top of page

REVIEW | Paul Wertico's Drums Without Boundaries

Paul Wertico Drums Without Boundaries, 2023.

Da Vinci Publishing

By Jeff Cebulski | ⭐️⭐️⭐️⭐️

Conventional popular music, including jazz, has been understood as needing drummers to “keep the beat” and stay out of the way, even with the emergence of superstar drummers in big bands, like Gene Krupa, Chick Webb, and Buddy Rich. Relatively brief solos were always part of the jazz mix, at least in modern times. Not long after my introduction to a rhythm instrument as a solo excursion, I heard Joe Morello’s famous solo on the Brubeck Quartet’s “Castilian Drums” recorded at Carnegie Hall and was thereby convinced a drummer could be heard “musically” independent of his mates.

Since then, modern jazz drummers evolved into ensemble leaders and composers, and there are plenty of recordings that attest to their talents as arrangers and producers. A recent example comes from one of Chicago’s finest, Paul Wertico, whose longstanding career playing in various ensembles is well noted and rewarded. While many fans remember him as a member of the Pat Metheny Group (and as a stellar contributor to Metheny’s outstanding Secret Story), he has also played with Larry Coryell, Lawrence Hobgood, Kurt Elling, Ken Nordine, Paul Winter, Bobby Lewis, and John Moulder, among many others.

However, not many know that Wertico has had a significantly successful career in Europe, where he is highly respected. Jazz fans and producers in Italy, especially, have coveted Wertico for performance and recordings, which are taken very seriously. Since 2008, Wertico has recorded and played with former Supertramp saxophonist John Helliwell as well as leading a trio on trips throughout Italy. (The whole list of references can be found HERE.)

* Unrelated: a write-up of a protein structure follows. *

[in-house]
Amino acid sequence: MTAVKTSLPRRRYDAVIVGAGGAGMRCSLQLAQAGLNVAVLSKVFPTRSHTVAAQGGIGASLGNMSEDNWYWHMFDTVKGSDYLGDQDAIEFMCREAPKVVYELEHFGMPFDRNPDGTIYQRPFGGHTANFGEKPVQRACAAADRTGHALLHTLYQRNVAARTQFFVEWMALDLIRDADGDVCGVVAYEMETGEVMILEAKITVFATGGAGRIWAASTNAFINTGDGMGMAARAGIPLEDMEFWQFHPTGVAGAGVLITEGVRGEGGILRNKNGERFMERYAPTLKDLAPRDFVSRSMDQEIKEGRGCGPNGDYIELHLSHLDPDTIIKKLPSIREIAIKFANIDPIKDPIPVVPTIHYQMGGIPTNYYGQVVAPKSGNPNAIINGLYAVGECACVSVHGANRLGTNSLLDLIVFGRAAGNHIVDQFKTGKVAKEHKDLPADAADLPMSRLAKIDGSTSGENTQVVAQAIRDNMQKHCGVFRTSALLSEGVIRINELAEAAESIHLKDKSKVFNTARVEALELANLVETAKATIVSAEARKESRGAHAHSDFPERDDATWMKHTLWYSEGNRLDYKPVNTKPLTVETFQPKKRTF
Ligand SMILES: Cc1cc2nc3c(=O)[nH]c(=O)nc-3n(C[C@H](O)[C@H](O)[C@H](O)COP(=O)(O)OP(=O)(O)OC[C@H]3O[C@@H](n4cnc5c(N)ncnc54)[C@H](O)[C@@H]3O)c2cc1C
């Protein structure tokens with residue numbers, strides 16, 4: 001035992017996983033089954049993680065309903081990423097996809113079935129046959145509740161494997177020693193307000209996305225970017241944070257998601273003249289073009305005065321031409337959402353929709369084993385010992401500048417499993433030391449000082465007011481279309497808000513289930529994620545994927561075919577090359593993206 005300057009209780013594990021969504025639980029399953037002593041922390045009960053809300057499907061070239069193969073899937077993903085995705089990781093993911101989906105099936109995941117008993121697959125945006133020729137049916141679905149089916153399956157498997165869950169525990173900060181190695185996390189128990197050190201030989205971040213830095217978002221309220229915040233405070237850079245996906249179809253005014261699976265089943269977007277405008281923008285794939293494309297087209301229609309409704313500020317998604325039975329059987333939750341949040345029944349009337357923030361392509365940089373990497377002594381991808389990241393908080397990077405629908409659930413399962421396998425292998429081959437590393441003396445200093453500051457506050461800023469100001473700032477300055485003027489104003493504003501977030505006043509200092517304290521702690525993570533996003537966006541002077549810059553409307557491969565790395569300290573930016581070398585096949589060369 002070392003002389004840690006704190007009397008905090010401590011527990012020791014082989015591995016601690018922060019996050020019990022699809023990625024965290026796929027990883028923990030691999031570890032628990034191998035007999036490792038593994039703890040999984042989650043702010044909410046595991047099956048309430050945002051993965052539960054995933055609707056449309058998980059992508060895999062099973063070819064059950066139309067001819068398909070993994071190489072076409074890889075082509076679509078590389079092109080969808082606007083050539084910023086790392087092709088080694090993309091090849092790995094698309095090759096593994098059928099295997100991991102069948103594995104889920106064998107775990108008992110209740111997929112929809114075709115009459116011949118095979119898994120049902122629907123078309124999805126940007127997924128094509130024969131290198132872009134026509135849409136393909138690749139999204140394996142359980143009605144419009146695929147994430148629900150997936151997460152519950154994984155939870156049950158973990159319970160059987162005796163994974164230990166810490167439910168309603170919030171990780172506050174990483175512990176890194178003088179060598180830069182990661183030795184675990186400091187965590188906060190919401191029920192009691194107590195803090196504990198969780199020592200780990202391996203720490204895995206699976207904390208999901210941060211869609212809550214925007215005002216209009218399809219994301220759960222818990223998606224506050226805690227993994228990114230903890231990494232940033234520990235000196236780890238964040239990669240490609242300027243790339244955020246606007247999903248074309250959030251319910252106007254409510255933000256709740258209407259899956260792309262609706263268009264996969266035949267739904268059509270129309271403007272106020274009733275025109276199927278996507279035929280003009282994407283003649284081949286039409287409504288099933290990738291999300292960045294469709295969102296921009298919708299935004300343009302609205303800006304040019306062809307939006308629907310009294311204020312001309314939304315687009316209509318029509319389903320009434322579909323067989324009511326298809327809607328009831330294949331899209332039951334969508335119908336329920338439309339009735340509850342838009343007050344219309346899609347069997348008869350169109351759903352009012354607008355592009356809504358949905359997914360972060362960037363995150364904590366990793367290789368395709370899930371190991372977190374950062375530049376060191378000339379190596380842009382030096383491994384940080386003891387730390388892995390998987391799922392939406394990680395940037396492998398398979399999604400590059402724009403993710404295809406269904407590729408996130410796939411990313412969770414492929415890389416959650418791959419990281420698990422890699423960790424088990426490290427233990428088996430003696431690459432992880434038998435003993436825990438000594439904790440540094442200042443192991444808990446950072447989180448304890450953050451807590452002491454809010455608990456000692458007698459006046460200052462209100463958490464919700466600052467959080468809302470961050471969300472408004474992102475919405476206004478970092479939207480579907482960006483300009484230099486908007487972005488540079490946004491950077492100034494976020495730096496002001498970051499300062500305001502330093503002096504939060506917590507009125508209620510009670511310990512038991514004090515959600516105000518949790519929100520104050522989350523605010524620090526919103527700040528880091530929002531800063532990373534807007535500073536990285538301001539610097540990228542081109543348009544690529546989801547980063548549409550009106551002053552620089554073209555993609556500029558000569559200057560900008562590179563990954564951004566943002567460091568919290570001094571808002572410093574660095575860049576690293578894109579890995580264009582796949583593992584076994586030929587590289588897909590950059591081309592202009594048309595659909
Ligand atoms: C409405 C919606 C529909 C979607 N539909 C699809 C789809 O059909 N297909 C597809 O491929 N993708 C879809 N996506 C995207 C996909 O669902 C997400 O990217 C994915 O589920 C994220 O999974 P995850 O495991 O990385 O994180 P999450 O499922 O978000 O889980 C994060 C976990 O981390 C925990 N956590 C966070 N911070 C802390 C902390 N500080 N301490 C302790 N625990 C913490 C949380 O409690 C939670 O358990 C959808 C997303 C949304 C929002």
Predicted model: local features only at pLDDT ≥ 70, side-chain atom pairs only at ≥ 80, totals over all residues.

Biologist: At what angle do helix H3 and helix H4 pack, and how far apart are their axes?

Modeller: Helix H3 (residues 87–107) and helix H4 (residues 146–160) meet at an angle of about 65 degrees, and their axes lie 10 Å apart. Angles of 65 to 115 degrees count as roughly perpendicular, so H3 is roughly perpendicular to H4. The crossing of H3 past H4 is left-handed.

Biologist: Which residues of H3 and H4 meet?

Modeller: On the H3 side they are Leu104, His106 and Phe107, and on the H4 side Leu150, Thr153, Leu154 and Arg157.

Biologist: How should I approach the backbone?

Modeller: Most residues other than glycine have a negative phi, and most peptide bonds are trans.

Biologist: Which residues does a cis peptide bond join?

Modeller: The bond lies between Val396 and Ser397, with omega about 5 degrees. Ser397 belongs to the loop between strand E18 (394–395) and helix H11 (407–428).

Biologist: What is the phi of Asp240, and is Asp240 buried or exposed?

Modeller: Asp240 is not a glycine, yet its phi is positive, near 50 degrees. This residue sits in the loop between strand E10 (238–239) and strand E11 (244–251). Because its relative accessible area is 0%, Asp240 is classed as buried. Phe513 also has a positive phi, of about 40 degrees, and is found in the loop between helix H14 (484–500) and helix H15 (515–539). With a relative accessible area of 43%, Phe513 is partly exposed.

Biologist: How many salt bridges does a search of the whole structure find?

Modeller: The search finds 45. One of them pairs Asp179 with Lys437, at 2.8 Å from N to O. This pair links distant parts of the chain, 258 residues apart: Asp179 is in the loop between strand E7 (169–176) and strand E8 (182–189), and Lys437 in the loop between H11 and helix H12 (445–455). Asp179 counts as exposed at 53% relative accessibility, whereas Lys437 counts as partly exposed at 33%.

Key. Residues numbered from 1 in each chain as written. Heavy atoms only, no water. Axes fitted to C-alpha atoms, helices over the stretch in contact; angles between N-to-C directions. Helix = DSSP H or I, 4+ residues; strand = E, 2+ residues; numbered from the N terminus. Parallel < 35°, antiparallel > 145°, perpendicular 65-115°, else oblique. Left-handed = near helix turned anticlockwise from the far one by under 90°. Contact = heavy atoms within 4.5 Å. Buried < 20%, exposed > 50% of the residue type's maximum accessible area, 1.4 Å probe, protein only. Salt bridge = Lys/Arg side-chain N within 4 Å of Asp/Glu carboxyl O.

A little over a year ago, Wertico was contacted by the Executive Producers of the Da Vinci Classics label to record an album featuring an Italian percussion ensemble, the Ichos Percussion Quintet (utilizing glockenspiel, marimbas, timpani, and other percussions added to the mix) and involving Wertico’s favorite Italian bassist, Gianmarco Scaglia, along with British guitarist Alex Munk and Italian vibraphonist Mirko Pedrotti.

Although Wertico was originally hired just as a special guest for the recording in Soncino, due to circumstances during the recording it became necessary for the inventive skinsman to be THE leader and producer to complete the project. The result is Drums Without Boundaries, a remarkable collection of pieces that demonstrate Wertico’s impressive abilities within groups, among fellow percussionists, in solo situations, and as a producer. While the ambiance of the occasions suggests an adventure in chamber music (including an interpretation of John Cage), the involvement of Munk and, on two cuts, fellow guitarist John Moulder, creates forms of Fusion and exploratory jazz elevated by the outstanding acoustics. Among the selections are works recorded elsewhere and re-imagined by Wertico, the result of his listening to a feed and then playing on top of it. Thus, it would be instructive for the hearer to keep that in mind—good jazz drummers listen to their fellow players, and Wertico demonstrates that skill throughout the album.